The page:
It may seem like a daunting task to get through the pre-work in buying a first gun; it can feel like an overwhelming process. But there is a way to keep the task at hand to a pleasurable experience so you understand what you’re getting and manage to avoid excess work in the process. Ideally, you will want to look at a few variables:
- What is the purpose for the gun?
- What will it take to keep it running?
- How will you store it?
- What will it take to become proficient with the firearm?
With those questions on the table, the below information should serve as a basic reference for a first time gun purchase. Definitely don’t hesitate to get some additional research in. The more you know and the better the variety of sources the better off you’ll be in the end.
Here are five mistakes new gun owners often make:
1. Picking the wrong caliber
What is the catalyst for the purchase and what will you want to be using the firearm for after the purchase? Are you sure you have enough of a gun for the primary purpose? Are you sure you haven’t overbought for the plans you have? The problem most first time gun buyers run into is that they look for too little or too much gun, when just a bit more understanding will yield them an appropriate result.
A self-defense choice may be better suited to a larger caliber than, say, a person looking for cheap family shooting. You might consider a 9mm or a .45 for home defense, whereas those cartridges are significantly more expensive and difficult to keep shooting all day long when out with the kids. For that, you might consider a .22 LR. Trying to pack some major heat in a concealed carry weapon as a first purchase, like a very large framed weapon (say a K-frame Smith and Wesson .44 with a 6”+ barrel or a desert Eagle or Wildey) is obvious overkill for all but the largest, more experienced shooters.
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It’s important to know what the reasonable norms are with a given class of firearms and adjust for personal preference after that. When hunting small deer, it’s not necessary to be looking for a .338 Lapua. Perhaps a better round might be the .270 or maybe as high as a .308 if you’re willing to adjust the loads down. A small shotgun may be too weak for 25 lb. turkeys; you will want to see what others are using, those who are doing the things you want to do.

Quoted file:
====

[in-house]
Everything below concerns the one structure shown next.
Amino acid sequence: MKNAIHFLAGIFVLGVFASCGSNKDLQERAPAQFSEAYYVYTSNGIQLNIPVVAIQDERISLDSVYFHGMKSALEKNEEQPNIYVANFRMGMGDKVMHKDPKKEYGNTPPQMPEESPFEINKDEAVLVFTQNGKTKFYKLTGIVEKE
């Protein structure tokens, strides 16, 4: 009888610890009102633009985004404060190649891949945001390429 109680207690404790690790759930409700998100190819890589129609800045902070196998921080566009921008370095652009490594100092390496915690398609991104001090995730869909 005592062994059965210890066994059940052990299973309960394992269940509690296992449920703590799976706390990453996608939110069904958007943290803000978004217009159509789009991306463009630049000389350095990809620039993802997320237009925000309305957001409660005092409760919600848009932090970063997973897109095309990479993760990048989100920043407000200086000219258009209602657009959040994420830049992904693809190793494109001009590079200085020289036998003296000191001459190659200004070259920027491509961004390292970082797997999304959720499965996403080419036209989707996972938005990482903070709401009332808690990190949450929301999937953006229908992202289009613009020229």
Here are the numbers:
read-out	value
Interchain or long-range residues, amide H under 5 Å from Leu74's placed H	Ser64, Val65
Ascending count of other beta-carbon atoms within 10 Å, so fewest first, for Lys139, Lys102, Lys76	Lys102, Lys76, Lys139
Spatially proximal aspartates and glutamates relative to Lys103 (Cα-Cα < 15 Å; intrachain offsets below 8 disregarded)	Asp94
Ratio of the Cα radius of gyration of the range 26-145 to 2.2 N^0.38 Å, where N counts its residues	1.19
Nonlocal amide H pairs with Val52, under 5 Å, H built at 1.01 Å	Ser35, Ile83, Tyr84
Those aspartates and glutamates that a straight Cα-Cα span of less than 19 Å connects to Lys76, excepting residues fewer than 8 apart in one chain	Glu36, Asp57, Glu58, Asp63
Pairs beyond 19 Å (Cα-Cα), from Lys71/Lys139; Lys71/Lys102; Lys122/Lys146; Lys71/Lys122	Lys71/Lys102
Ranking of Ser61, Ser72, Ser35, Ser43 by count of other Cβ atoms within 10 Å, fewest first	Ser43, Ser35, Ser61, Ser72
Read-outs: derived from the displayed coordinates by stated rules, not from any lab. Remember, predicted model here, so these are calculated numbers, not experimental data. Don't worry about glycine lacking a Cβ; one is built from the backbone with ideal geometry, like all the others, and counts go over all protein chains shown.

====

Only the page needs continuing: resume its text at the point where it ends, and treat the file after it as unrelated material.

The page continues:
2. Paying too much
Often times new gun owners get fooled into believing that if they don’t buy the highest ticket item in a specific class, that they will somehow be failing in the gun game, or won’t have the item they need as a result. Often times, great bargains can be found when you know what your minimum requirements are, and can adjust up or down based on what you are seeing in the process. It’s not in the salesman’s best interest to be down-selling you, the customer, on a lesser priced weapon. It’s not always the situation, but it’s not the exception either: look for something that you need, not something someone wants to see you purchase.
There is a premium to be paid for the name brand weapons, when they aren’t necessarily the only firearms that can produce the required results. That said: it’s important to find a high quality firearm, and make a relative comparison to see where you want to end up.
Luckily, there have been so many excellent improvements in the materials and manufacturing processes over the last decade that even the inexpensive guns, which some might call Saturday night specials (or throw-aways), are actually fairly reliable compared to their counterparts from years back.
Looking for a value isn’t as difficult as it once was, as the major makers compete for consumer dollars and as the retail shops are willing to clear inventory for fresh product. It doesn’t take thousands of dollars to find a quality defensive weapon, and it shouldn’t costs thousands to properly outfit yourself with a hunting firearm.